The big question now is with both Virgin Media and Openreach already committed to million or bigger sized roll-outs of FTTP how much will these overlap with todays announcement, in the world of competition the overlaps are not a problem and are the sign of a competitive market but in a world where the UK wants to be seen as closing the notional fibre gap with countries like South Korea we need less overlap.
On the topic that one shall not talk about i.e. money, there is no pricing yet only talk of a lower cost to Vodafone than regulated wholesale prices for copper networks and the TalkTalk UFO product in York which is cheaper than their FTTC products points towards agressive pricing.
Update 10:50am Openreach sent over an unsolicited comment on the news.
We welcome this news and the competition. As we’ve said consistently - investing in more Fibre-to-the-Premises technology across the UK will need commitment from the whole industry.
For our part, we’ve invested more than £11bn over the last decade to upgrade Britain’s digital infrastructure – helping it to become the leading digital economy in the G20.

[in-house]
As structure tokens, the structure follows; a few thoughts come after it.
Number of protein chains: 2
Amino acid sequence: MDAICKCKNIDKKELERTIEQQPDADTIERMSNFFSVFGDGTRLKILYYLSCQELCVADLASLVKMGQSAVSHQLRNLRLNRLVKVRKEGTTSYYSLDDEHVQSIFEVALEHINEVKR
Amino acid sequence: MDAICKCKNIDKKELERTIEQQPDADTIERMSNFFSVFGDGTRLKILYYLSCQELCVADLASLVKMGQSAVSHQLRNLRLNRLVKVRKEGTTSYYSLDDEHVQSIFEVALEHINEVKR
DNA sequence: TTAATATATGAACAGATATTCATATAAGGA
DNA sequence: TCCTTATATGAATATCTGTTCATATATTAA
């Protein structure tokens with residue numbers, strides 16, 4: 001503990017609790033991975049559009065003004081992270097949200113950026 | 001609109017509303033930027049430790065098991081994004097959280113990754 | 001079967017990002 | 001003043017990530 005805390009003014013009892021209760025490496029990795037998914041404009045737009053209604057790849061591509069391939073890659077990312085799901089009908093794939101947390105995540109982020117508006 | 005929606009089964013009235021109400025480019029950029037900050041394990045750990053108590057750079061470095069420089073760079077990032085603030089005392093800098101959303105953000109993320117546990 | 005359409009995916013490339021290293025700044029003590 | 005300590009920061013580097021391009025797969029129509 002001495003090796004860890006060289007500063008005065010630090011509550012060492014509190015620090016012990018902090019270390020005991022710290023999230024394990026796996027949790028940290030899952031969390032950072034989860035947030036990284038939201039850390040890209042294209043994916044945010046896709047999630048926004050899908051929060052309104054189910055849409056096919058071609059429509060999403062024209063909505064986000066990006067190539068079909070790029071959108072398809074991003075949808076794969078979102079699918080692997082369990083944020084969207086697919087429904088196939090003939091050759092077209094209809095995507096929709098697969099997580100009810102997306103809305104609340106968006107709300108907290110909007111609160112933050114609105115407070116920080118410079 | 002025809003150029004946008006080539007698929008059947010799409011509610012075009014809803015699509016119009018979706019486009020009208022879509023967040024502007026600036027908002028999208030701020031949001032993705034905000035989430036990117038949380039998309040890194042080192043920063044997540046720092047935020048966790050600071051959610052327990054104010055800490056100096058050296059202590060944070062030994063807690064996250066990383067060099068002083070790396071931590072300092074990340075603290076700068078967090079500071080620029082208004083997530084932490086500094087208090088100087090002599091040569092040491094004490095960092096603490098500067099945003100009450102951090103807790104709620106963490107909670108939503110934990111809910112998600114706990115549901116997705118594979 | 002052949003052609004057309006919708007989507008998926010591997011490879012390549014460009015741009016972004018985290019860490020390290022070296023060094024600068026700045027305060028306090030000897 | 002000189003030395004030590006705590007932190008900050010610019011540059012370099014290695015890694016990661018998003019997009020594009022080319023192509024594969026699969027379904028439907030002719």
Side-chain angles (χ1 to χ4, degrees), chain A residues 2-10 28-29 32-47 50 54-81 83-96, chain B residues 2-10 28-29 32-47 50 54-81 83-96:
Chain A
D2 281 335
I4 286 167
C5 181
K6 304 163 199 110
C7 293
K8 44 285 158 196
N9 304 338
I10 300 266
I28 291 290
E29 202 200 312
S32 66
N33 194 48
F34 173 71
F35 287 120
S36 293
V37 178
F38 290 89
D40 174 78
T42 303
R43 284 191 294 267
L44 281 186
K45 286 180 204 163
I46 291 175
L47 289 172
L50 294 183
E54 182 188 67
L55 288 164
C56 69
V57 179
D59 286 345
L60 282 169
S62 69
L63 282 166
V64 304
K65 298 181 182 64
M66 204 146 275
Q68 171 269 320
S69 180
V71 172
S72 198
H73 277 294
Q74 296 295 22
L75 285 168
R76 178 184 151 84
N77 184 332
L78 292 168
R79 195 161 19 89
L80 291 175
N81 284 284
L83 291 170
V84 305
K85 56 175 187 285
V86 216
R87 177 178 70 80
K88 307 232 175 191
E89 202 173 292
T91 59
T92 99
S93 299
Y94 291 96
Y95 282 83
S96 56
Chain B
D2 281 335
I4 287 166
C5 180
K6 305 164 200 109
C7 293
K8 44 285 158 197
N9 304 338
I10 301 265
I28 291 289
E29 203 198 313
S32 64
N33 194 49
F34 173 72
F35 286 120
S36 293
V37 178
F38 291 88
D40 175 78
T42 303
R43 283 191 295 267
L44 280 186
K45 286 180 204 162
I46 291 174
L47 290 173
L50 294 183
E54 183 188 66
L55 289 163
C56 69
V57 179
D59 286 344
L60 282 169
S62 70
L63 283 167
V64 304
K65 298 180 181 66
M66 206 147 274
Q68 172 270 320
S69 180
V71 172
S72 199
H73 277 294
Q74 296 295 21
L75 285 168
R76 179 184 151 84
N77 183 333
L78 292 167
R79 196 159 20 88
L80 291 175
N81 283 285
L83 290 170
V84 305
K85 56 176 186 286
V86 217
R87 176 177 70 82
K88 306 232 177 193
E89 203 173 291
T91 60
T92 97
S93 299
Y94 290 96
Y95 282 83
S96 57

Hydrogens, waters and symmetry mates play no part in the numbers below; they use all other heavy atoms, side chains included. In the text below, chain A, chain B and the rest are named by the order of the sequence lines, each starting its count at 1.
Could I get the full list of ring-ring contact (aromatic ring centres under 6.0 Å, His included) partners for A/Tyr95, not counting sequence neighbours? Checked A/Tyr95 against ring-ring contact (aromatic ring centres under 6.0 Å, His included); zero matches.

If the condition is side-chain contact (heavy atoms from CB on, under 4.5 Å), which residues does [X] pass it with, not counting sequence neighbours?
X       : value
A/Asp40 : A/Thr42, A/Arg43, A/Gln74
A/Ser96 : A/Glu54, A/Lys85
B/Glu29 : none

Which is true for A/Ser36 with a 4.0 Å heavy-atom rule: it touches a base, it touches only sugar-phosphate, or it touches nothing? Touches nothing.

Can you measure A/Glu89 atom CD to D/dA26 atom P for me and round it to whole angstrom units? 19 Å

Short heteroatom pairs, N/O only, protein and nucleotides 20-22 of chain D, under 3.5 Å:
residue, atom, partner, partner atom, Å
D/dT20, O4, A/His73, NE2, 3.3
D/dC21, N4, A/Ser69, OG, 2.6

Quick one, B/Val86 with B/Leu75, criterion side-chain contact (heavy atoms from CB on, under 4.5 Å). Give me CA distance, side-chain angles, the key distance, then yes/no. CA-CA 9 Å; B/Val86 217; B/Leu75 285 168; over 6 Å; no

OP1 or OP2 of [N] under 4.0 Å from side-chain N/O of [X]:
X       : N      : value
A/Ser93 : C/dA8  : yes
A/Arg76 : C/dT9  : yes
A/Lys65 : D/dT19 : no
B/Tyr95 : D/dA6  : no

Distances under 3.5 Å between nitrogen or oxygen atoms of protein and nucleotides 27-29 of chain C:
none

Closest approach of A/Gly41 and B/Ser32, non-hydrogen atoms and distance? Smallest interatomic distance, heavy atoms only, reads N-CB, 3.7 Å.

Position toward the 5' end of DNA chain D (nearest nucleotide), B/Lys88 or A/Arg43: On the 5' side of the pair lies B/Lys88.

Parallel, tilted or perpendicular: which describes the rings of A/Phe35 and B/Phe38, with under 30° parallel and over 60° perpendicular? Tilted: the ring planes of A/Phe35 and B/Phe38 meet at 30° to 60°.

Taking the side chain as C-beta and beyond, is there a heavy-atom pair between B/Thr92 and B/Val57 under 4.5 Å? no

We hope this plan to reach one million front doors by 2021 can complement our own programme of upgrading two million premises, which is already well under way. We have also been consulting our customers on an ambition to reach 10 million homes and businesses with FTTP by the mid-2020s, and we’ll give an update on that process before the end of this year.Comment from Openreach spokesperson
The comment does highlight one of the squirks in the UK broadband scene, we have some screaming that full fibre is the only way and copper is useless but somehow the digital economy is one many seek to emulate. Or put another way, how many other countries have moved a national broadcasters TV channel from over the air to be an online only affair.